Collaborative Research Unit

Stochastic Modelling and Analysis of Communication Systems

Acronym
SMACS
Co-ordinator
Other information
Research disciplines
  • Engineering and technology
    • Modelling not elsewhere classified
    • Other computer engineering, information technology and mathematical engineering not elsewhere classified
Description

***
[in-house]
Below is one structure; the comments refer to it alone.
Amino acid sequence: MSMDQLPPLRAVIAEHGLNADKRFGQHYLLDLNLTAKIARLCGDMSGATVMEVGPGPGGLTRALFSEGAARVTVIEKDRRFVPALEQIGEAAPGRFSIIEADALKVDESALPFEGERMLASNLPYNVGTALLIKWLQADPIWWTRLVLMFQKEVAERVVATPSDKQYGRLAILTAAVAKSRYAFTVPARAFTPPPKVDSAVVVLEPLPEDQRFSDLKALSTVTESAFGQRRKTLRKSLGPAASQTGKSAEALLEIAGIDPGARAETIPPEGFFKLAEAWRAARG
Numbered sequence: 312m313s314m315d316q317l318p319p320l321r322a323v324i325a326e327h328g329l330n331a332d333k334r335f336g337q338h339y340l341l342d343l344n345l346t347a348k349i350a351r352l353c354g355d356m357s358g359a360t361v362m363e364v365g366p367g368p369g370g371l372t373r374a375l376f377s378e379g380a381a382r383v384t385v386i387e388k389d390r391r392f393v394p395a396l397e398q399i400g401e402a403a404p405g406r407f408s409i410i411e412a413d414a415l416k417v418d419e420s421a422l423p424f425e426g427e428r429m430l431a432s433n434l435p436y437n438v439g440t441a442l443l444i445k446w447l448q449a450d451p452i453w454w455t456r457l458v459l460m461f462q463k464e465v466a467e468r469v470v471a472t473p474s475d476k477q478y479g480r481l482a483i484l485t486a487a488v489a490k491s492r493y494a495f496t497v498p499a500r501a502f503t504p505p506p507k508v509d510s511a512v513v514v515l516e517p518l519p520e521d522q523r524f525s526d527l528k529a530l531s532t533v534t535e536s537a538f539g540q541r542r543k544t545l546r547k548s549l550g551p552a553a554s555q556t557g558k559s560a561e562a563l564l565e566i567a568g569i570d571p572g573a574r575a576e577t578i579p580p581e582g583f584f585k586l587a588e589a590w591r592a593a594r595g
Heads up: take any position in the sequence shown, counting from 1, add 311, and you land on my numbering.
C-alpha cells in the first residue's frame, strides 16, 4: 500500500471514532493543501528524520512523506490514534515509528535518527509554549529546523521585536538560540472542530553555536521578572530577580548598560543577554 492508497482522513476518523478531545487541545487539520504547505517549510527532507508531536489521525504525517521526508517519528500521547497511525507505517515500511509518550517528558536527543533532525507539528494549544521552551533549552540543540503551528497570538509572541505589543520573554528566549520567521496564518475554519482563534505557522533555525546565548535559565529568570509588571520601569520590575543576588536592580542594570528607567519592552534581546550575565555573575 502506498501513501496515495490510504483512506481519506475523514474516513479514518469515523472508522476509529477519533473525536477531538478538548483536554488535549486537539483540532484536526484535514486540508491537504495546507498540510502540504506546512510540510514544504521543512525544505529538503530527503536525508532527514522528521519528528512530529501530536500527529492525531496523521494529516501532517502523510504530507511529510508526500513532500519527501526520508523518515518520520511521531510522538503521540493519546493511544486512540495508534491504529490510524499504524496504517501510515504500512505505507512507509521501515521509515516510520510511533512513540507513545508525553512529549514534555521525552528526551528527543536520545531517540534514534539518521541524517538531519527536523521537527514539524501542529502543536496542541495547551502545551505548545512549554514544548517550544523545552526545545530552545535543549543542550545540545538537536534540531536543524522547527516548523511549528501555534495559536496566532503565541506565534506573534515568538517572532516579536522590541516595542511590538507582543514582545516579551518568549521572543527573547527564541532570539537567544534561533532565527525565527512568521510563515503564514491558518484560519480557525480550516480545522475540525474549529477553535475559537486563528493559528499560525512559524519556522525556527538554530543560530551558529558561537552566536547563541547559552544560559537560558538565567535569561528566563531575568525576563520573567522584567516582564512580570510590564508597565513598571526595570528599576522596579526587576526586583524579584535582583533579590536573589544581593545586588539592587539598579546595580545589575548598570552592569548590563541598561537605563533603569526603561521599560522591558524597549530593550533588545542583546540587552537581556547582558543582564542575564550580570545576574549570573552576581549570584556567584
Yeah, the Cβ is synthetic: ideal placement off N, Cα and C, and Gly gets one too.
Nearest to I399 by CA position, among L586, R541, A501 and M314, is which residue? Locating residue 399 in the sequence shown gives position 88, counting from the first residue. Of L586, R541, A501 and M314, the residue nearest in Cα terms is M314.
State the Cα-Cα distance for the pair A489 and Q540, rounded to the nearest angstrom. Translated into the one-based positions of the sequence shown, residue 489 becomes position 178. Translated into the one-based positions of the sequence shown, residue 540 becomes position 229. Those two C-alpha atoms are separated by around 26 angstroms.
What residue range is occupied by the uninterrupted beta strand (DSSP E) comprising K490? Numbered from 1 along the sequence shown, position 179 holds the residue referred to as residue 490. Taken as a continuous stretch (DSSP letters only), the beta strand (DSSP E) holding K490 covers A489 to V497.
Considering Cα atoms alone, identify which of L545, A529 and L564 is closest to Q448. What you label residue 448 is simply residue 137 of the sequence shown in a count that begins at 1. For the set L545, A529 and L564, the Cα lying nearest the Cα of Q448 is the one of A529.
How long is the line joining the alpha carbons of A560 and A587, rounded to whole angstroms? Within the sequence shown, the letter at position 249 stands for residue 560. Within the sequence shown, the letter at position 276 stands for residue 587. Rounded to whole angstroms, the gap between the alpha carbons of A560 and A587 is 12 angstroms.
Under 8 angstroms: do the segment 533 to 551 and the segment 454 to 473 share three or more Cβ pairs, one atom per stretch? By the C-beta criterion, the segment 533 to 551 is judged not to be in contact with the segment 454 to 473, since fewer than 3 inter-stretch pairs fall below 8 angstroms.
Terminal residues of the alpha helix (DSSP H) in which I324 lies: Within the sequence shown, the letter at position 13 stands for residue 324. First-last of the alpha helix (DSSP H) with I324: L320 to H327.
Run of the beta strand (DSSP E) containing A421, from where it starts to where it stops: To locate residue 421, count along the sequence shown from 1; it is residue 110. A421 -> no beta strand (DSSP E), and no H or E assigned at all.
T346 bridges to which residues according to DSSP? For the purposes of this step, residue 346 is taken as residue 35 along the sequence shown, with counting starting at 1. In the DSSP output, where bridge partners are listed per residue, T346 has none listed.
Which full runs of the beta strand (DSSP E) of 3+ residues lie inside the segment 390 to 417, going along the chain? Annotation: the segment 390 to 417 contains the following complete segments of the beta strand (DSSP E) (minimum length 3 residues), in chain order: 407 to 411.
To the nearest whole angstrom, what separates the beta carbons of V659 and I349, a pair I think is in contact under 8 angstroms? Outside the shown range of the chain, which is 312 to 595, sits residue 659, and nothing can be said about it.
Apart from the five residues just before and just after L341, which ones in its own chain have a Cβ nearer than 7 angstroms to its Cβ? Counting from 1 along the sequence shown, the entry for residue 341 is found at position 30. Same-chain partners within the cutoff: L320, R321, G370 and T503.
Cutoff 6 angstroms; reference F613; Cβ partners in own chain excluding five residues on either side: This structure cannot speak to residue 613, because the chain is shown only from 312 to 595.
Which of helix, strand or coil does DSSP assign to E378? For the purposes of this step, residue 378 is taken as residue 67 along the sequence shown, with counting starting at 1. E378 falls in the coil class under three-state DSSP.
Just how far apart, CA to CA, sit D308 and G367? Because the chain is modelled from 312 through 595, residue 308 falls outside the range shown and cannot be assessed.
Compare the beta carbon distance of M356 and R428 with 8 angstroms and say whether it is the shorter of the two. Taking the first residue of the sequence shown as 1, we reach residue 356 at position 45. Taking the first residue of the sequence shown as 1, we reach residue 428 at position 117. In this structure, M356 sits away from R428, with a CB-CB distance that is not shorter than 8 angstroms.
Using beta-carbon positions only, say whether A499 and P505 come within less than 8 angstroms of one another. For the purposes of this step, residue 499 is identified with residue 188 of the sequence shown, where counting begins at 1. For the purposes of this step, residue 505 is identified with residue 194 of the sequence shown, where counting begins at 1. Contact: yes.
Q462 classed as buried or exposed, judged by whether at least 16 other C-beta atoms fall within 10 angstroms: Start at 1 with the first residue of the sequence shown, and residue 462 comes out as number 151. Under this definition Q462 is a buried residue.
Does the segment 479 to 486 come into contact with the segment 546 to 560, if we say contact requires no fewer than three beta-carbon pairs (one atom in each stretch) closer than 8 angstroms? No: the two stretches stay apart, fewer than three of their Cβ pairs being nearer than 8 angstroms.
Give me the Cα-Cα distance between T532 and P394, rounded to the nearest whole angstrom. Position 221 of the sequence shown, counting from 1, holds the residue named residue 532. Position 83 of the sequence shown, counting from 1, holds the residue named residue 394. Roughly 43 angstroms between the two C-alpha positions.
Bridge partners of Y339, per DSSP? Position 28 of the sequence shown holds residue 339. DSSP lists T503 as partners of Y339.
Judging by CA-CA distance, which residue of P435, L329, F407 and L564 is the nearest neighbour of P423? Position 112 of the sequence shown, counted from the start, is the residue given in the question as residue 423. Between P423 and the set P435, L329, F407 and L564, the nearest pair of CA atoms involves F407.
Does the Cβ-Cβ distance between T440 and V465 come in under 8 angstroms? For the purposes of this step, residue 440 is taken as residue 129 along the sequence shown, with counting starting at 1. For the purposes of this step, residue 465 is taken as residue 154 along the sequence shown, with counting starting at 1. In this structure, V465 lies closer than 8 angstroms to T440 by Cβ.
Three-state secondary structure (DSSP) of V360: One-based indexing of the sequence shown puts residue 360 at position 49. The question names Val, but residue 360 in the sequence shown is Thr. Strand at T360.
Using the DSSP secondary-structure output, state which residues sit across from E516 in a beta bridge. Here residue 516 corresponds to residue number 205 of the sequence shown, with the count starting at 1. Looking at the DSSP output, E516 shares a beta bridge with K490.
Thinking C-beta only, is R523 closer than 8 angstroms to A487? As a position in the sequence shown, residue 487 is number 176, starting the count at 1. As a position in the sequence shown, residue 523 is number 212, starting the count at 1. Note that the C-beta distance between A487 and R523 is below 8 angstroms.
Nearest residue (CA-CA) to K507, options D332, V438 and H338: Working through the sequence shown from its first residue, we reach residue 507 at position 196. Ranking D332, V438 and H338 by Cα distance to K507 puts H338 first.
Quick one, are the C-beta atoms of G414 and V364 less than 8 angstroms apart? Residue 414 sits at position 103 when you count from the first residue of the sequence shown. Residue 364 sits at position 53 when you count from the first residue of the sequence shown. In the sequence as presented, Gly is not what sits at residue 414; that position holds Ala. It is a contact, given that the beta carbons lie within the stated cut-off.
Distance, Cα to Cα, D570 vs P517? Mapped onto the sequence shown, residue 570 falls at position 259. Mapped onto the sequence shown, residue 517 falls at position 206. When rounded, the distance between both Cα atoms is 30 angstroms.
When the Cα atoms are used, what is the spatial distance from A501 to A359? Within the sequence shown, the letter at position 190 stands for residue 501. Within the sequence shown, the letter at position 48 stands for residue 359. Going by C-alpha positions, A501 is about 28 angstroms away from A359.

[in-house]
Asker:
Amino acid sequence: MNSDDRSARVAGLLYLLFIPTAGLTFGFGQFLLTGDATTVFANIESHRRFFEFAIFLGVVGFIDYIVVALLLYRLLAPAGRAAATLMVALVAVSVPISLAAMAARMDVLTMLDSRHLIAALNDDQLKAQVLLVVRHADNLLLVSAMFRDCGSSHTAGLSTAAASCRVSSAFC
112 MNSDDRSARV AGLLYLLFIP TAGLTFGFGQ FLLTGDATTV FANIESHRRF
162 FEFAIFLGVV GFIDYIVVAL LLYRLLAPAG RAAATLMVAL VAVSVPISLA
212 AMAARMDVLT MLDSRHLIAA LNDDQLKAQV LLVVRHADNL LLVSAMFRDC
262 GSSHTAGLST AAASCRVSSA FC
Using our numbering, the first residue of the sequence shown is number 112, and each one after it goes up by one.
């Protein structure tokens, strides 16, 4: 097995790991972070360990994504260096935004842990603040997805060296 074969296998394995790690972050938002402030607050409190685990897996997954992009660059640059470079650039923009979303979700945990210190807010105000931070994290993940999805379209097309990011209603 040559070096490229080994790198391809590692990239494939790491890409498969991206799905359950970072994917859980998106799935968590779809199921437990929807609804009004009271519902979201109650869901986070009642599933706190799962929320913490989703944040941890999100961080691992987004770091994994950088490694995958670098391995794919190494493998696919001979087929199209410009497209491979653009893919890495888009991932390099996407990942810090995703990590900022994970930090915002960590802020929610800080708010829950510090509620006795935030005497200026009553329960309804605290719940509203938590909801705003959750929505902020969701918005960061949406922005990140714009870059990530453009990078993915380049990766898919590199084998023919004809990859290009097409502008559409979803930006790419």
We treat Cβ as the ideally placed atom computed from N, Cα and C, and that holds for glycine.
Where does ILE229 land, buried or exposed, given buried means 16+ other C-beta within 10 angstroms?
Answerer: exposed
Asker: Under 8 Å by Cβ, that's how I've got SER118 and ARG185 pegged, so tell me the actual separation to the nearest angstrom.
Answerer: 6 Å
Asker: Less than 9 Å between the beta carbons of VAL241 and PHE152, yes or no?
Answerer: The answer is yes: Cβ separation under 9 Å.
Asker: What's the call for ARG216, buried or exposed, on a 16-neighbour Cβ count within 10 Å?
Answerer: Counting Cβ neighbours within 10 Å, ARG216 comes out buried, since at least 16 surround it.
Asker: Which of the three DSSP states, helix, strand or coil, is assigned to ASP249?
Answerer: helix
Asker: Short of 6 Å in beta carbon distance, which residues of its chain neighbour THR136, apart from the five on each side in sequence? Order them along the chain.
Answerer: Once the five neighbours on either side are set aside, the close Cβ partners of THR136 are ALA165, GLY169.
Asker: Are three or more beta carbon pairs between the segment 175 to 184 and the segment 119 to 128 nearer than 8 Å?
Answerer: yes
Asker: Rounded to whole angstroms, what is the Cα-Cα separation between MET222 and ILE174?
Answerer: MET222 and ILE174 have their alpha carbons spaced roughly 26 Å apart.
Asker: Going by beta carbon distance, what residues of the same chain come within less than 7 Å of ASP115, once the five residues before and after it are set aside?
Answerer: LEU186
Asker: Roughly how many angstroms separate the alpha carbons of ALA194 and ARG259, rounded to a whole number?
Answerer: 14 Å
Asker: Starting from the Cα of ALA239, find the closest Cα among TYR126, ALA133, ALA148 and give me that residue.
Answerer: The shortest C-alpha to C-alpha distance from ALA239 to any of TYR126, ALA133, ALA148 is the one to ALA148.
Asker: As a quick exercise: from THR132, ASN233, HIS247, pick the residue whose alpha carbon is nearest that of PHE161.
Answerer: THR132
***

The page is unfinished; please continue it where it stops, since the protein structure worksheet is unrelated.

The research group Stochastic Modeling and Analysis of Communication Systems (SMACS) is part of the Department of Telecommunications and Information Processing (TELIN-EA07) of the Faculty of Engineering and Architecture. The group covers the whole spectrum of scientific research in the area of stochastic modeling and analysis of communication systems, from very fundamental theoretical research on stochastic modeling in general and (discrete-time) queueing theory in particular, to more applied research with respect to the performance evaluation of all kinds of engineering systems that are amenable to stochastic modeling, such as telecommunication networks, production systems, health care, etc. Some specific research lines are: Fundamental theoretical: - general queueing theory - discrete-time queueing models and analysis - modeling with Markov chains - modeling with probability-generating functions - novel paradigms for the service process in queueing models - queueing systems with variable number of servers - queueing models with innovative population-based service mechanisms - queueing models with impatient customers - queueing models with deadlines - scheduling algorithms for queueing systems - joint analysis of multiple queueing systems - queueing systems with multiple customer types (multiclass systems) - "class clustering" and "global FCFS" in multiclass service systems - multiclass queueing models with alternating service or alternating priorities - queueing systems with interdependent arrival processes Applied research: - design and analysis of generic (Markovian) traffic and buffer models for communication systems - optical buffers and switching systems - scheduling and wavelength conversion in optical packet switching and optical burst switching - traffic aspects of "cognitive radio" networks - analytical study of packet loss and packet delay (variation) in buffers for 5G - patient scheduling and resource allocation and optimization in health care - modelling of call centers and logistic distribution centers - analysis of data-backup scheduling techniques - analysis of "generalized processor sharing" (GPS) scheduling